Over the past few years, we have seen a large volume of data breaches hit the headlines, and personal details of millions of people have been made public. One of the key issues is that once login details for one website have been hacked, cybercriminals can usually use the same details on other websites because many of us use the same password across different websites.
We’re creating more accounts than ever before; each one requiring a password. Most people cannot remember a different password for every website so choose convenience over security and recycle the same one. Furthermore, people don’t want the inconvenience of resetting forgotten passwords so use weak, predictable and easy to remember options. ‘Password1’ and ‘123456’ continue to be some of the most popular passwords around.
Another security issue with passwords is that they’re not unique to every person, system or device and can be separated from the owner. Whilst you may not think twice about sharing your password with a colleague or friend, the more people you share it with, the more likely it will fall into the wrong hands.
Is there an alternative to passwords?
Advances in technology and in the devices and applications that connect us means biometrics are set to play a big part in the future of authentication. Many companies are already using biometric technology as an alternative to passwords and the technology is gaining adoption with consumers; over a fifth of the UK’s smartphone users now authenticate with their fingerprint. Not having to remember passwords will make our lives much easier and our personal data safer. We’ll no longer have to reinvent ‘Password1’ or rack our brains for that elusive password.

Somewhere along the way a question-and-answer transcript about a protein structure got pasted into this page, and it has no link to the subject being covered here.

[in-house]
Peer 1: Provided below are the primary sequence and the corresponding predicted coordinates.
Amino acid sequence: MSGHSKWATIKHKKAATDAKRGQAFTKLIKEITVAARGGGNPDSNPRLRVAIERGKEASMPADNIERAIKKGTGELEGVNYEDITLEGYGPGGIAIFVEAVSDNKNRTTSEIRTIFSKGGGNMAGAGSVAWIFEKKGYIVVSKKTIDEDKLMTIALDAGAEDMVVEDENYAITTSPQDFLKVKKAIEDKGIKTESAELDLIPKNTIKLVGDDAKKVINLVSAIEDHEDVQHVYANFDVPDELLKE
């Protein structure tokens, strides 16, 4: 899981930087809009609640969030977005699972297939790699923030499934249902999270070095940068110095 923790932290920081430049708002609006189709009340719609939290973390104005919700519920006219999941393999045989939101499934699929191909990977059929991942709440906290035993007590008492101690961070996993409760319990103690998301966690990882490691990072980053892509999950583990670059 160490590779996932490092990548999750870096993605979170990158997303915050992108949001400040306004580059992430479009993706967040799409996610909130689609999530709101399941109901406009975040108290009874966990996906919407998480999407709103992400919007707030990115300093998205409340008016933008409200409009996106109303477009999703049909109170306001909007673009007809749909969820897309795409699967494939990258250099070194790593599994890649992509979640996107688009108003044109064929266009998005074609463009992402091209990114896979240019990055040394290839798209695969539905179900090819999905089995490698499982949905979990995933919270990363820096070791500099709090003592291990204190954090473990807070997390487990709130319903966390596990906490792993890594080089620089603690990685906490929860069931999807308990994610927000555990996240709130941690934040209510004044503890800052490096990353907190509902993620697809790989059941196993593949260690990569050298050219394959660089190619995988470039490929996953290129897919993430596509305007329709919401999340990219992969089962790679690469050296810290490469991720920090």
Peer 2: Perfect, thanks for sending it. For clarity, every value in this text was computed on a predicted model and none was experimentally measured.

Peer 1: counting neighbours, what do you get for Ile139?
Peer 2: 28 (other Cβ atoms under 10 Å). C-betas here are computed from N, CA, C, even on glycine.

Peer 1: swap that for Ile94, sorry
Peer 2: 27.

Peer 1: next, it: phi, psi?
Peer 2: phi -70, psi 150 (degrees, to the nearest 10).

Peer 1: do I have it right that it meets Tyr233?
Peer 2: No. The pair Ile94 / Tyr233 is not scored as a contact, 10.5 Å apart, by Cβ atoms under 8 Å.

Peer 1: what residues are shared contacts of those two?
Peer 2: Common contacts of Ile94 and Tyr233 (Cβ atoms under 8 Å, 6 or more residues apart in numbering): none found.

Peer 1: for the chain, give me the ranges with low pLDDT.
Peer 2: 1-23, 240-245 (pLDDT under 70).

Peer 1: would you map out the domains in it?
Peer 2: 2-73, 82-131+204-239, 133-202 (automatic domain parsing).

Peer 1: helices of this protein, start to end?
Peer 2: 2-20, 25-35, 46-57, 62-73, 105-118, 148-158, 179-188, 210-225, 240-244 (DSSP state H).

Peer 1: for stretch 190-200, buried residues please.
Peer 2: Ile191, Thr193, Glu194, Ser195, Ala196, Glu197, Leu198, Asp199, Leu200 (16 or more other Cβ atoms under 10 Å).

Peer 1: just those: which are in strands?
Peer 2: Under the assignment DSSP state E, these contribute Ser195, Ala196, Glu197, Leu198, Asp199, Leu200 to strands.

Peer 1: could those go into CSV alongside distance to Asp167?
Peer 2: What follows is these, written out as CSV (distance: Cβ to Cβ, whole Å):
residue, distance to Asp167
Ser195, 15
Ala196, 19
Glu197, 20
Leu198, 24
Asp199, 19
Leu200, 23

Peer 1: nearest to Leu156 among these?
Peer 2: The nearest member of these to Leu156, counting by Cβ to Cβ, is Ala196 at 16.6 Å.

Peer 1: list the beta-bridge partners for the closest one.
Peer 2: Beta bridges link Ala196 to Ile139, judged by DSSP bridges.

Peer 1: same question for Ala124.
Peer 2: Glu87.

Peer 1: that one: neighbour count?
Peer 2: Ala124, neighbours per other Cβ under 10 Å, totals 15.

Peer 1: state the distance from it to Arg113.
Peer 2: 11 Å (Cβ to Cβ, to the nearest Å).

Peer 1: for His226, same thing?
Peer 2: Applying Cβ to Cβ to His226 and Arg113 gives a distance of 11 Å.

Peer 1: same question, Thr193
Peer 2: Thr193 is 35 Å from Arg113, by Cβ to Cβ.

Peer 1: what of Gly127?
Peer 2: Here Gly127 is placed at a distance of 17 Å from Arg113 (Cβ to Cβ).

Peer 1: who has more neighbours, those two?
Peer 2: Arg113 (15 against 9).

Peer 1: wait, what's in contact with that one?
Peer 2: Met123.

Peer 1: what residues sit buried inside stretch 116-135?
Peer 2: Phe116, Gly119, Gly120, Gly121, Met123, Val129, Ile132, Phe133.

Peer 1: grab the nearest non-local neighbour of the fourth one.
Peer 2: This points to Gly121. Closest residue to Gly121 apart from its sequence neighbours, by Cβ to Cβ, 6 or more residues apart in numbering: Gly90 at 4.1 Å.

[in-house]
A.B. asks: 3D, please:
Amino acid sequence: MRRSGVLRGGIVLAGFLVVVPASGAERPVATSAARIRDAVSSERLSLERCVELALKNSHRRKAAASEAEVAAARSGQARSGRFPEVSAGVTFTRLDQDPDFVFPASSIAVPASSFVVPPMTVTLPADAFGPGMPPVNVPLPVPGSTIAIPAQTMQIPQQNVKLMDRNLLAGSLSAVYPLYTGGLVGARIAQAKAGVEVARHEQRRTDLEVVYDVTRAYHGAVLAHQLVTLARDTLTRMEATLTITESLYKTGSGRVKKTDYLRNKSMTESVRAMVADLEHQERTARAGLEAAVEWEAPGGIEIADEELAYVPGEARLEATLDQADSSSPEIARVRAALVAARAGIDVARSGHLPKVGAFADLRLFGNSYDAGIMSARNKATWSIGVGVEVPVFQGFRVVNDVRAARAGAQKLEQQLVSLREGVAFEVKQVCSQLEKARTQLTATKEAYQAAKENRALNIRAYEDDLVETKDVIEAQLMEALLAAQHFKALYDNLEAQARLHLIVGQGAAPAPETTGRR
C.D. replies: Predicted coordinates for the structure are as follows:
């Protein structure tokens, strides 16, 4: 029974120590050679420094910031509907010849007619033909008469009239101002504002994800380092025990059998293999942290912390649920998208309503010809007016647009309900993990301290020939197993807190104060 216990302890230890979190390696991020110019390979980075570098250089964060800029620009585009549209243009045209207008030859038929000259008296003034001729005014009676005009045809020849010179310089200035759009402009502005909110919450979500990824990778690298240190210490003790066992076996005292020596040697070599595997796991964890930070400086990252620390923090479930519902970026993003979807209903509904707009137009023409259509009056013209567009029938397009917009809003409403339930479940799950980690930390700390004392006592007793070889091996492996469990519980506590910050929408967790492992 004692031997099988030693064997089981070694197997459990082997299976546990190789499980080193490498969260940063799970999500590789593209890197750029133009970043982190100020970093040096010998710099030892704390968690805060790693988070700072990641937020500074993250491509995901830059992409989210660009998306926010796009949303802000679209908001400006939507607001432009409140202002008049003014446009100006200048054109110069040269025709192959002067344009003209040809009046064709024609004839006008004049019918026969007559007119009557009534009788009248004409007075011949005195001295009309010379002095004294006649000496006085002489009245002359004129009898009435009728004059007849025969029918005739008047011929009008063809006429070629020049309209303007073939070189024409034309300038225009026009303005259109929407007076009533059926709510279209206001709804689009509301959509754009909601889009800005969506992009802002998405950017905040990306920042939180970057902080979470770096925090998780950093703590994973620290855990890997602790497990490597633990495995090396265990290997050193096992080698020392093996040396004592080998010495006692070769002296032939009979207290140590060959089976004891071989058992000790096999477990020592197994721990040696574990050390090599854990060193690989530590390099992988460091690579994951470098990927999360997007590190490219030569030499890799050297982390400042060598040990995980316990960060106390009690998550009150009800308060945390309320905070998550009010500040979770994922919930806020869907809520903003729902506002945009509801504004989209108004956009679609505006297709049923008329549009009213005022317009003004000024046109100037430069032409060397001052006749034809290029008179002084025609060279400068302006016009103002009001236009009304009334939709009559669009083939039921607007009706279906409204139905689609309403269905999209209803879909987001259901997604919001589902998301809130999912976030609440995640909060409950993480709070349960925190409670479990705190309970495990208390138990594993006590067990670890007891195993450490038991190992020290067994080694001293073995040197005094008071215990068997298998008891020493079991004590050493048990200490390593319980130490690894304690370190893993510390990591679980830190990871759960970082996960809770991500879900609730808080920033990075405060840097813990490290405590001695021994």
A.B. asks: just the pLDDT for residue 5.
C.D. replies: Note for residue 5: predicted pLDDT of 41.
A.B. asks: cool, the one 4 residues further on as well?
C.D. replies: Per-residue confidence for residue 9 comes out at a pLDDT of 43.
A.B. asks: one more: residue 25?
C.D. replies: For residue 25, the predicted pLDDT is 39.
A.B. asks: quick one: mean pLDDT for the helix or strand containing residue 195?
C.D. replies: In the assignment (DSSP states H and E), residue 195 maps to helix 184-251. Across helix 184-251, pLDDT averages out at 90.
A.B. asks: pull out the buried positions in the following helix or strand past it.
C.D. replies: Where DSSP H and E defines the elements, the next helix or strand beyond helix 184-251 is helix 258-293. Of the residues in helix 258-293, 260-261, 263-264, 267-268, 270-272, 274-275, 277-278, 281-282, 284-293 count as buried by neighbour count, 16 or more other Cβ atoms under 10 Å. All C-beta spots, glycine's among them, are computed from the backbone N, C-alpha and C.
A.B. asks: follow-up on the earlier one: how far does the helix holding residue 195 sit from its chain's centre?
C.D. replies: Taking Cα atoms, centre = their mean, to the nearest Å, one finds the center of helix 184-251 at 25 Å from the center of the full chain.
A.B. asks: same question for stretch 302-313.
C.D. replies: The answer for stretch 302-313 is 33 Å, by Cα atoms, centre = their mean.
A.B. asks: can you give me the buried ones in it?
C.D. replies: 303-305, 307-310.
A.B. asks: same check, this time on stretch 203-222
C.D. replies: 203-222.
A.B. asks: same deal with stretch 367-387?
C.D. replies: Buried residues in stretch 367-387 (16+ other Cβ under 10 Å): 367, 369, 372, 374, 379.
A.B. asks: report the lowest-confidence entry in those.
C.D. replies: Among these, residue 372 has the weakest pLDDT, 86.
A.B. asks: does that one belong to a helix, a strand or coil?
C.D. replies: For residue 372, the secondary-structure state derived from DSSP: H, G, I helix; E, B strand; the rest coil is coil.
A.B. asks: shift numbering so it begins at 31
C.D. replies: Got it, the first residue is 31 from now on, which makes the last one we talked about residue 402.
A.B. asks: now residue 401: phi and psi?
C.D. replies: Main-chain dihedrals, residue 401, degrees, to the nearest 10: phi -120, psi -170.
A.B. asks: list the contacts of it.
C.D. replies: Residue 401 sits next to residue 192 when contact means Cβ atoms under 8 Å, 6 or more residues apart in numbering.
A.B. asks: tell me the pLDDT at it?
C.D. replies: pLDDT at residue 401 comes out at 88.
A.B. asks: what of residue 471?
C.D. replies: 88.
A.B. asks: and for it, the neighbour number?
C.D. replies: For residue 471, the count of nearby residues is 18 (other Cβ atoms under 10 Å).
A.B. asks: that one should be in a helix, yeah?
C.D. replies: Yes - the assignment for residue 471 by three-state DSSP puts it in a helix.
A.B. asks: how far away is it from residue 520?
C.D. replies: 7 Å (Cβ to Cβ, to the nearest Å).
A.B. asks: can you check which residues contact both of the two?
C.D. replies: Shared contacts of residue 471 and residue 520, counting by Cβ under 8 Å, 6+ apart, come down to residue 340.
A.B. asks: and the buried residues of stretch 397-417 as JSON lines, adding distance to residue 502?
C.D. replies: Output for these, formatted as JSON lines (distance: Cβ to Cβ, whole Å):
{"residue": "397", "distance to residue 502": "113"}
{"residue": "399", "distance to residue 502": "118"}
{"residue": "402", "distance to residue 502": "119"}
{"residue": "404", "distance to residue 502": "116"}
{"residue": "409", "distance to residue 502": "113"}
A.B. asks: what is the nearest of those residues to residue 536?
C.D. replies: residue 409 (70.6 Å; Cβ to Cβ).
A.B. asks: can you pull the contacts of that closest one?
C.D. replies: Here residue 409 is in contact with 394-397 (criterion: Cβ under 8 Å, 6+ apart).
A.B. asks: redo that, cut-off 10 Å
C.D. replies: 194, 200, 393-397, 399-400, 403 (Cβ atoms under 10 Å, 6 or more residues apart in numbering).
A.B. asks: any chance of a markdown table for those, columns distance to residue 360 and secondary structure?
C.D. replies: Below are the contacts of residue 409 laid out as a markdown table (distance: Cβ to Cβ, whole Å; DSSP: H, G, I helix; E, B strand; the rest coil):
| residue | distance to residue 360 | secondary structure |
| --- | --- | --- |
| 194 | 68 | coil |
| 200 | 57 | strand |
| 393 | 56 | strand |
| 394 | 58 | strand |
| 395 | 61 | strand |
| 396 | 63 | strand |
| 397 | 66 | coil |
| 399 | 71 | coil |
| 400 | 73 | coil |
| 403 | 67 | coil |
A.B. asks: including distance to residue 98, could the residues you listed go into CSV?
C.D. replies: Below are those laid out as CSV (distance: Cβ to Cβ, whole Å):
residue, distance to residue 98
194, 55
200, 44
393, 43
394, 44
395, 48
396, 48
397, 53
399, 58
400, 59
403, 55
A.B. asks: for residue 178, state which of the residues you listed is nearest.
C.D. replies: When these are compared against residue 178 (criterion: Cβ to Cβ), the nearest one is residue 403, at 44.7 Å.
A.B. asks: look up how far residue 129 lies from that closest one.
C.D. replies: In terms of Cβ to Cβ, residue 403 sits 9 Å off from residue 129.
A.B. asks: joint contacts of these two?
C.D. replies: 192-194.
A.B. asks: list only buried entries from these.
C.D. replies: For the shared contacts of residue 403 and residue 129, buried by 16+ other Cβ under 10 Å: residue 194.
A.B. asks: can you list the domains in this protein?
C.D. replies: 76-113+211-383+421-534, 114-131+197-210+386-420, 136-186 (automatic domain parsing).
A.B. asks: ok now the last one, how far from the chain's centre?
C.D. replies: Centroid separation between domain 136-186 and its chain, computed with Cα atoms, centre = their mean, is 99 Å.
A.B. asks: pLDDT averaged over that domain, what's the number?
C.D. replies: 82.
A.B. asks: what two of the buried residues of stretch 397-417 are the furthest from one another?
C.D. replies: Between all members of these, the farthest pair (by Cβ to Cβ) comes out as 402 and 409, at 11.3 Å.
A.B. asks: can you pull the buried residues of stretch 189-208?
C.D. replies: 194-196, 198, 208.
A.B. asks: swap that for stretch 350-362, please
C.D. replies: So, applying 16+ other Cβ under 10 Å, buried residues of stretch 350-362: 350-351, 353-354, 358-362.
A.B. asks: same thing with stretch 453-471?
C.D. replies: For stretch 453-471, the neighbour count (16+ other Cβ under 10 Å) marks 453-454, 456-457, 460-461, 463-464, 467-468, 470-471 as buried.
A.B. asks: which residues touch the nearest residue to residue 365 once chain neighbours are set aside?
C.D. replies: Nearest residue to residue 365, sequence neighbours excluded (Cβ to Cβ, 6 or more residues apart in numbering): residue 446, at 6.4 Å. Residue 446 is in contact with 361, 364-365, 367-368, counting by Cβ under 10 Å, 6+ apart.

Biometrics offer convenience, speed and security to consumers. They are unique to each person and a more secure option for organisations than transferable credentials such as PINs or passwords They also allow businesses to know exactly who they’re interacting with. Companies need to ensure they have the right anti-spoofing measures in place though. For example, if they ask a customer to take a selfie to login, they need to be certain that users cannot use a photo, video or mask of another person.
Each company needs to find the level of security that suits them and their customers – a bank is likely to have stronger authentication measures than an online retailer for example. If someone is logging into their banking app they may just need to scan their fingerprint, but should they want to make a high value purchase they may be asked to take a selfie. Biometrics can be used at different points in a customer’s journey to tighten security and offer layered authentication.
We can’t forget all passwords just yet, but companies are realising that passwords are not adequate protection for themselves or their customers. The technology now exists to offer users a more secure way to access, and crucially protect, their personal data. With more companies offering alternative login methods, a new era of authentication is coming.